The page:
Queer Linguistics for Dummies


Queer linguistics is defined as an extensive range of language studies related to the intersections of gender and sexuality in language use (Maree, 2015). Contrary to popular belief, queer linguistics is not simply the study of the language used by the lesbian, gay, bisexual, transgender and queer (LGBTQ) speakers. Instead, it is the application of ideas from the queer theory to the research on the language, providing an overview of the discursive formation of heteronormativity (Motschenbacher, 2011). Heteronormativity presumes that heterosexuality is the only sexual orientation existing and that heterosexuality is the norm. Also, it assumes that people are segregated into distinct and binary gender groups, male and female and that their gender dictates their roles in the society (Jackson, 2006). Queer linguistics talks about the sociolinguistic study of language use without regarding identity categories (Koch, 2008).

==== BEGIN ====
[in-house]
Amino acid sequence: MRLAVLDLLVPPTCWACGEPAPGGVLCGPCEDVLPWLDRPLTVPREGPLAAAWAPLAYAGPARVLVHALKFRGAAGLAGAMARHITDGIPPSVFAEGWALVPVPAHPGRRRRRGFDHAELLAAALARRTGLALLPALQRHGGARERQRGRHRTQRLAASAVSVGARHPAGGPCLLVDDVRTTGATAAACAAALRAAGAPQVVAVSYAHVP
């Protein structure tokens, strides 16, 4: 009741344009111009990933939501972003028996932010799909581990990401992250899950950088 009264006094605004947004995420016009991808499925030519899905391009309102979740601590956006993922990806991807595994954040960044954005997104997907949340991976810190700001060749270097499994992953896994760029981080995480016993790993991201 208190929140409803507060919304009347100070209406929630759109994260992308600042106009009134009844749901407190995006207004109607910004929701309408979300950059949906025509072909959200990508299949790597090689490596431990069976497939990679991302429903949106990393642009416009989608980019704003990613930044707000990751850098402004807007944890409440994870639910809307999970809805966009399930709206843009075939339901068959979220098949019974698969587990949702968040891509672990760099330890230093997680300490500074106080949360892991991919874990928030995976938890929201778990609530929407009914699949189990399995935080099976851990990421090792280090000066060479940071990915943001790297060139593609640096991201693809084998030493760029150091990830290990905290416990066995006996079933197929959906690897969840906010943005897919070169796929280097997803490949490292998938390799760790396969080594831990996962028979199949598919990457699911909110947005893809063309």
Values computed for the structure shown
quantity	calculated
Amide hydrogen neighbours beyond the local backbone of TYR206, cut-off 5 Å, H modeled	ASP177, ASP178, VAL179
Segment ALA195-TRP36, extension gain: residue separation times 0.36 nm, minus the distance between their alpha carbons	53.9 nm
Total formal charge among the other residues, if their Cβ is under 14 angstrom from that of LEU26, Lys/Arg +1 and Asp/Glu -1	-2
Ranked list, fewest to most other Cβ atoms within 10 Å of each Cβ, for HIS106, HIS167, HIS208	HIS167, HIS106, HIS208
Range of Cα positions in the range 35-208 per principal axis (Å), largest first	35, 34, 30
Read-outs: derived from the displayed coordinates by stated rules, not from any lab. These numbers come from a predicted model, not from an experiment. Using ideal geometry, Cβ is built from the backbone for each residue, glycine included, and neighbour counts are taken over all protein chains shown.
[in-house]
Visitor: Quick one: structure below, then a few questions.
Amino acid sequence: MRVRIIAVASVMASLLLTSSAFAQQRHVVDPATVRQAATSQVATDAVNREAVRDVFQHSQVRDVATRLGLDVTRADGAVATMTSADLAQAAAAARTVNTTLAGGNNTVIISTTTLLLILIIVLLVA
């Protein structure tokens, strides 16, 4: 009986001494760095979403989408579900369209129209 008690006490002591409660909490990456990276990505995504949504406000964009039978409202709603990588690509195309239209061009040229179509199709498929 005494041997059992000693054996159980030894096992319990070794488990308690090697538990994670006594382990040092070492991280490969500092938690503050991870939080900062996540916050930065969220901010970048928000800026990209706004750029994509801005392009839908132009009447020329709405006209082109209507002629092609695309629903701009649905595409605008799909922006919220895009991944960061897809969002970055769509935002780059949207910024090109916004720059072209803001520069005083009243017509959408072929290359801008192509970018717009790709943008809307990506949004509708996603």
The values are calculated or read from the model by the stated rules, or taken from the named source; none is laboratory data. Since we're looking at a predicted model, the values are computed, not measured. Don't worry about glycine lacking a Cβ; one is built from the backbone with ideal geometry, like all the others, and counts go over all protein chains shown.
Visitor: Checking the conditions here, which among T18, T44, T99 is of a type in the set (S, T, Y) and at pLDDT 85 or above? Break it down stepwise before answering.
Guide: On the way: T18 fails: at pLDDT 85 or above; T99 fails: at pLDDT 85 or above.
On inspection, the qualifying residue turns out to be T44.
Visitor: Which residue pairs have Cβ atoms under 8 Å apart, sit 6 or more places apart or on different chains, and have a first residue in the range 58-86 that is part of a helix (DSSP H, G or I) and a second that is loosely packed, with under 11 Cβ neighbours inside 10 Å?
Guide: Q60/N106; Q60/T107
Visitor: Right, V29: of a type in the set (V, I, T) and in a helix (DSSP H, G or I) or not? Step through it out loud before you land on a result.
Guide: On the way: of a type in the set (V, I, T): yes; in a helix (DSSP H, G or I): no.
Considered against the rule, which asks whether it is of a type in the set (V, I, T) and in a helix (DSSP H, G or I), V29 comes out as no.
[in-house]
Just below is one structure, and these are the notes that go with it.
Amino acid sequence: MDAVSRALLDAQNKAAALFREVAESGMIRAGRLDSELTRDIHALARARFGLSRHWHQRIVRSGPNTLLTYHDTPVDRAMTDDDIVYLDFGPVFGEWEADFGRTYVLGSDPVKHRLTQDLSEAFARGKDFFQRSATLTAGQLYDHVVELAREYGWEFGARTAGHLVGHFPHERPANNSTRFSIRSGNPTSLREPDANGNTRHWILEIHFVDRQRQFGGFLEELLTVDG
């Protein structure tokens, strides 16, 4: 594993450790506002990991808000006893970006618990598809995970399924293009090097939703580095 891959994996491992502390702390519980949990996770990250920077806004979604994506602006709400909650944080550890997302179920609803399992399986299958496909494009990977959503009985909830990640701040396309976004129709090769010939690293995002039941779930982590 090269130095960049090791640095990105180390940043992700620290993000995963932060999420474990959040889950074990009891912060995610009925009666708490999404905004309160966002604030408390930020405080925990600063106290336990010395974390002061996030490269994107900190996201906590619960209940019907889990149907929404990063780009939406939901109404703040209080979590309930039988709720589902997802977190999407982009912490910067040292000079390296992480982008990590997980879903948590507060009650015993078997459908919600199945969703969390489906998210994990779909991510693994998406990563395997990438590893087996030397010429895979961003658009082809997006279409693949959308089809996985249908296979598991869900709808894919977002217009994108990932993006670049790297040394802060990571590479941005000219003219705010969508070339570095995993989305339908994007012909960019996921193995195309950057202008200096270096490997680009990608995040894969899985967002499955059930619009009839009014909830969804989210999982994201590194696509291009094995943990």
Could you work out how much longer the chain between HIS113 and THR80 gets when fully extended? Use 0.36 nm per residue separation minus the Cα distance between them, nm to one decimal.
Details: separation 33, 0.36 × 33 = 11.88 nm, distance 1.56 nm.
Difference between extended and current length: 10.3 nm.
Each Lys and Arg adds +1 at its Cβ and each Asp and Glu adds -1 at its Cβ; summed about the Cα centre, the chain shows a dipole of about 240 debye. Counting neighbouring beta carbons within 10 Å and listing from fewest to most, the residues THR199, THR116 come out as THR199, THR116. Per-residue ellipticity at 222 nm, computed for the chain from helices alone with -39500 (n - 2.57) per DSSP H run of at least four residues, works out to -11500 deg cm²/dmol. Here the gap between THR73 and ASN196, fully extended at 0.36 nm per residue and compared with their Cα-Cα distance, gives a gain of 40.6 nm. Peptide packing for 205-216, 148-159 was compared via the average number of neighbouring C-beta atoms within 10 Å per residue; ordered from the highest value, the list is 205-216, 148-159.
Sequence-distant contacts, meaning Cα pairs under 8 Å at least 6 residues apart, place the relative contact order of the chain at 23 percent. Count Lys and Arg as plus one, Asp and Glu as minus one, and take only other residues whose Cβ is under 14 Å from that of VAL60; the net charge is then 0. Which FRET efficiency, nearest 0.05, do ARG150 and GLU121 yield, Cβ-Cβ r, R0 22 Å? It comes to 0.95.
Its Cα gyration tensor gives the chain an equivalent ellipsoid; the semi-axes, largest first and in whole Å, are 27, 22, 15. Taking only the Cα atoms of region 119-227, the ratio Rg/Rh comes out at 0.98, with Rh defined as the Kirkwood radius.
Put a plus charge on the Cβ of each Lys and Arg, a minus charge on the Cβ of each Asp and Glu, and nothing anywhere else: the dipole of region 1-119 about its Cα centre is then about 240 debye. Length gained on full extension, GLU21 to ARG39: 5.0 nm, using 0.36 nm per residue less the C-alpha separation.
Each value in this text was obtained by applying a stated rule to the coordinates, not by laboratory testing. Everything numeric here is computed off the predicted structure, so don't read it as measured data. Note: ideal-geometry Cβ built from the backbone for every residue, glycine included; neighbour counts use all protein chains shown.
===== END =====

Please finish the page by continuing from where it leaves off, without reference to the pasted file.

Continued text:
Queer theory is heavily influenced by feminist studies as well as gay and lesbian studies. However, unlike heteronormativity as well as gay and lesbian studies, queer theory is more inclusive and take into account any other kind of sexual acts or identities belonging to both the normative as well as the ‘deviant’ categories. Queer theory is different from gay and lesbian studies which focus mostly and only on gay and lesbians. Instead of simply focusing on lives and experiences of homosexuals, queer theory emphasizes on the mismatch between sex, gender as well as desire, which encompasses topics such as cross-dressing, gender ambiguity as well as gender corrective surgery (Jagose, 1996). Not only that, queer theory explores and contests that sexuality may be a result of social constructions and is subject to changes as a result of social interactions (Barry, 2017). Research on queer theory focus mainly in three areas, the examination of experiences of those who are considered non-heterosexual, those who are considered the ‘norm’ as well as how and why some experiences are treated as deviants (Dilley, 1999).